11. As against this, Mr. Rajagopala Ayyar, the learned Counsel for the respondent, contends that the attestation is only for the purpose of authenticating the signature of the executant, it does not go beyond, and consequently from mere attestation, no inference of estoppel with regard to the contents of the document can ever be drawn. For this purpose, the learned Counsel relied on the decision of the Privy Council in Manda Lal Dhur Biswan v. Jagat Kishore Achayya Chowdhuri , and invited my attention to the following passage:

But attestation proves no more than that the signature of an executing party has been attached to a document in the presence of a witness. It does not involve the witness in any knowledge of the contents of the deed nor affect him with notice of its provisions, ft could, at the best, be used for the purpose of cross-examination, in order to extract from the witness evidence to show that he was, in fact aware of the character of the transaction effected by the document to which his attestation was affixed. If it had been quite impossible for either of the widows lawfully to dispose of any interest in the property, and it was shown that the witness knew the nature of the deed, more value might be given to his attestation, but by itself it would neither create estoppel nor imply consent.

12. No doubt this decision lays down a general principle. But it does not take note of the practice said to be prevailing in this presidency as disclosed by the Madras decisions referred to already. Mr. Rajagopala Ayyar then relied on a decision of the Privy Council in Pandurang Krishnaji v. Markandeya Tukaram : (1922)42MLJ436 , where the Privy Council stated as follows:

Before their Lordships consider the circumstances in which that attestation took place, they think it is desirable to emphasise once more that attestation of a deed by itself estops a man from denying nothing whatever excepting that he has witnessed the execution of the deed. It conveys, neither directly nor by implication, any knowledge of the contents of the document, and it ought not to be put forward alone for the purpose of establishing that a man consented to the transaction which the document effects. It is, of course, 'possible, as was pointed out by their Lordships in the case of Banga Chandra Dhur Biawaa v. Jagat Kishore Chowdhuri , that an attestation may take place in circumstances which would show that the witness did in fact know of the contents of the document, but no such knowledge ought to be inferred from the mere fact of the attestation.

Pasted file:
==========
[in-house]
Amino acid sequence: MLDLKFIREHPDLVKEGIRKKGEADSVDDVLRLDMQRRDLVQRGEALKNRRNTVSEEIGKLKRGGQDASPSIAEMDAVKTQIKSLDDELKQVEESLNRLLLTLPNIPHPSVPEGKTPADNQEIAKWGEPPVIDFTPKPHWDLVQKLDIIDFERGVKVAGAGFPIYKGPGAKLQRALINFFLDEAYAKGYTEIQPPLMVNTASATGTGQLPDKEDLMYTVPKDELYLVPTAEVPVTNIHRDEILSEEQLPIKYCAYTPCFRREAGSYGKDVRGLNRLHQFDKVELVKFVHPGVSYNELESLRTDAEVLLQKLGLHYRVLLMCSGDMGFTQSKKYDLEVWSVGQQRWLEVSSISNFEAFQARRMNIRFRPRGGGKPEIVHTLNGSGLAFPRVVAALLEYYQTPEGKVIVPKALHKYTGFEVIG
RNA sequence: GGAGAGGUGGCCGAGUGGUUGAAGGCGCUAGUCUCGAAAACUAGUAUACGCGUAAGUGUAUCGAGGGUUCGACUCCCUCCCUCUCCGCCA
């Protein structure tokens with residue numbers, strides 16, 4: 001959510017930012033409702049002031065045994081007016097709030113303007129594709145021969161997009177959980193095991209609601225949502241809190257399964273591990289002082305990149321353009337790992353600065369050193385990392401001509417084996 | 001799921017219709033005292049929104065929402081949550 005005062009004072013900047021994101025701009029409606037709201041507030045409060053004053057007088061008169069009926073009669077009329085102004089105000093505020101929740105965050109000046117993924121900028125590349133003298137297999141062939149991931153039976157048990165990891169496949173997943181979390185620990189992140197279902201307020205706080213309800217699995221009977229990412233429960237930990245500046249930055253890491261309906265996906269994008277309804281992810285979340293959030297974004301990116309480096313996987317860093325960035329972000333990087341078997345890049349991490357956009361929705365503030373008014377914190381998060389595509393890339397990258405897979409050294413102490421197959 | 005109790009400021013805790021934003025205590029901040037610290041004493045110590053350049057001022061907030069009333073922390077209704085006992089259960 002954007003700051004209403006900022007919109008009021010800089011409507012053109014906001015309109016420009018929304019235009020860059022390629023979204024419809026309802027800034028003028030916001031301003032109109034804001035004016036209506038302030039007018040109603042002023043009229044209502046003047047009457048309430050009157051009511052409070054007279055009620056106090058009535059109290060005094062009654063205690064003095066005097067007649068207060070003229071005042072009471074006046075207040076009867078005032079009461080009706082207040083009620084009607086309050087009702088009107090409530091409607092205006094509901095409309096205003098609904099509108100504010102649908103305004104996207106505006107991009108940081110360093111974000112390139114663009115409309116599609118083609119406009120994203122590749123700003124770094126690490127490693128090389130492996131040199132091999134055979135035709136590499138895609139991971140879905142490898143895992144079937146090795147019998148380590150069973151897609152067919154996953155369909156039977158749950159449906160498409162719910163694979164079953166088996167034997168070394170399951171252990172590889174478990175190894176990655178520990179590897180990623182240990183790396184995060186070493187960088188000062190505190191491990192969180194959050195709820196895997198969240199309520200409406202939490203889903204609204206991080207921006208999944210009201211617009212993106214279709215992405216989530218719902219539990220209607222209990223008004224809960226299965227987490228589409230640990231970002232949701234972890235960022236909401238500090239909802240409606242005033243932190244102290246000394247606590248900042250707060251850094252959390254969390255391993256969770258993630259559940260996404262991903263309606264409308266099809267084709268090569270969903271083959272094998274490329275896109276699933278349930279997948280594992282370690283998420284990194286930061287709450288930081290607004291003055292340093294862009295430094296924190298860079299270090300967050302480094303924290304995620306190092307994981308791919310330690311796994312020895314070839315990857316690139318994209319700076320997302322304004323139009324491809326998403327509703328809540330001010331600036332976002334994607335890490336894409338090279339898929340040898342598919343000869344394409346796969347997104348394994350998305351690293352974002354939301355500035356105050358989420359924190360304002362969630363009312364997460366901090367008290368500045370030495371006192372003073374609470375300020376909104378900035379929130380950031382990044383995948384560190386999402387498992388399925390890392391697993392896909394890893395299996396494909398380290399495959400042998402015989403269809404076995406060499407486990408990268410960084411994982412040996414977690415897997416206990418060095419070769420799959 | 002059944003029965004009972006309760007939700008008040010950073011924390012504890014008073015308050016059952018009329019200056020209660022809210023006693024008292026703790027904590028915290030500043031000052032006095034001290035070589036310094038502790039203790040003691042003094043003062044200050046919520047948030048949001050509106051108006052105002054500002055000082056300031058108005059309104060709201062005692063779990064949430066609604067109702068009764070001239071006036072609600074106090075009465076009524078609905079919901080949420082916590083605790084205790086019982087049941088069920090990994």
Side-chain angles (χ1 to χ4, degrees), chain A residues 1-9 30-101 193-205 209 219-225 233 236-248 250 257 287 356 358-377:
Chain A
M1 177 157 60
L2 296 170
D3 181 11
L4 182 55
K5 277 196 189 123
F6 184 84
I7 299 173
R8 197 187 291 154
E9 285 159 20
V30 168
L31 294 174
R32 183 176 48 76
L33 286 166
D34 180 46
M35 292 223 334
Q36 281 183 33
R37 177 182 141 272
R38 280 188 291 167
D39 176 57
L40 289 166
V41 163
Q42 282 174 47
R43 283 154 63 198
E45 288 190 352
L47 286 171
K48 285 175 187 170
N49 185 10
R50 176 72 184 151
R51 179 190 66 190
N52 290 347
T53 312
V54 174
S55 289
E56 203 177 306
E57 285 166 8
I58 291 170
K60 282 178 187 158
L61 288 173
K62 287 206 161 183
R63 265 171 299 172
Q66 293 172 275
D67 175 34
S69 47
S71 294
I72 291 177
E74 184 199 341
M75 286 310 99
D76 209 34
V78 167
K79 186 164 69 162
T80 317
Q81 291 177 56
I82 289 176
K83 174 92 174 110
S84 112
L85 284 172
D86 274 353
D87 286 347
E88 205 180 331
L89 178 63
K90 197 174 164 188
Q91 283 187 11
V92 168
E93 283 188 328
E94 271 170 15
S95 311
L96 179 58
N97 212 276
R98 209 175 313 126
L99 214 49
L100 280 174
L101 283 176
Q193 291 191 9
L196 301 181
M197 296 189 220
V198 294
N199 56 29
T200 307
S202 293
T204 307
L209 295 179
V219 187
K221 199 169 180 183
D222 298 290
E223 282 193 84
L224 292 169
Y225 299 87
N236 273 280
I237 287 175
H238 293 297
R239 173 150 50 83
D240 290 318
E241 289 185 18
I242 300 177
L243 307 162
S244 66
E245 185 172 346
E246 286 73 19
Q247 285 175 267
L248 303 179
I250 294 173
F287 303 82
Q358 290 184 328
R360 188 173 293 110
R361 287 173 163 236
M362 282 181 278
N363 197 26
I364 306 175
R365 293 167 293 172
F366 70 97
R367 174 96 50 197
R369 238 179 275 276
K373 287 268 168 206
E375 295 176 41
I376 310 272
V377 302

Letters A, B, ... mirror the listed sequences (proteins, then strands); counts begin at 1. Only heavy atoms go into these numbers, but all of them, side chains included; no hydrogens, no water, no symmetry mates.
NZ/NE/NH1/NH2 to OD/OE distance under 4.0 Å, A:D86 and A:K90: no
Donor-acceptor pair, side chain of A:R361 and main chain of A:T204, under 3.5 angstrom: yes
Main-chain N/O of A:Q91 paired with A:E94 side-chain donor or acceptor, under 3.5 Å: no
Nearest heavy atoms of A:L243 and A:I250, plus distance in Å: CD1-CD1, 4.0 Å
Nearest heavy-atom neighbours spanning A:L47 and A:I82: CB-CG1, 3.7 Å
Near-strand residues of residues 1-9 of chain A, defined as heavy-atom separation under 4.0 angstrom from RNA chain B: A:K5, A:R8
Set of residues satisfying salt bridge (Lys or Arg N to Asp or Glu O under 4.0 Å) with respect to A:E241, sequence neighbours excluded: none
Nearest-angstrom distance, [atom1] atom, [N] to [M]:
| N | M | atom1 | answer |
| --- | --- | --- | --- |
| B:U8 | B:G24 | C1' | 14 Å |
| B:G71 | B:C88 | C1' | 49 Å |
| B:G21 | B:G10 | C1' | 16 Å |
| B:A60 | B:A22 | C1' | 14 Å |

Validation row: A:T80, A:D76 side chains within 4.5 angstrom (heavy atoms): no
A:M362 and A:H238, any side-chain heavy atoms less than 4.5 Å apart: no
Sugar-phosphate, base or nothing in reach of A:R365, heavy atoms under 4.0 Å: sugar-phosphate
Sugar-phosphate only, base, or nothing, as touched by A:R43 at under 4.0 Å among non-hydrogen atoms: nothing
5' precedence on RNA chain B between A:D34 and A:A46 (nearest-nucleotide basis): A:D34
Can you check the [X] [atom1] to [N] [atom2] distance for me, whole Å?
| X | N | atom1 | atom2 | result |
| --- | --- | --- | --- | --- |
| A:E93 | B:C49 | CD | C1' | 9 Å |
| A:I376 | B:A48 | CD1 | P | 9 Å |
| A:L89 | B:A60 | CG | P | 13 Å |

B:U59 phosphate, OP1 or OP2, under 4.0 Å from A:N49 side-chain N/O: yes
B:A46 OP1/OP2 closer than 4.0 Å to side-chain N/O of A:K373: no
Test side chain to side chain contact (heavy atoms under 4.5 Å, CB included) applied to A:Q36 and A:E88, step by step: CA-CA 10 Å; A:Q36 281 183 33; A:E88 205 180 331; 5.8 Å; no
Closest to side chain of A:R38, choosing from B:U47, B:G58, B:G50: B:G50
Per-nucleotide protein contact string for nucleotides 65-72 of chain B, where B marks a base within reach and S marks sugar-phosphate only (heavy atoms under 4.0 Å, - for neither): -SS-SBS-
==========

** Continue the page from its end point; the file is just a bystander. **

The Privy Council further observed:

If in fact there be a practice, as is suggested from the evidence, that when the consent of parties to transactions is required, it can be obtained by inducing them by one means or another, to attest a signature of the executing parties, the sooner that practice is discontinued the better it will be for the straightforward dealing essential in all business matters.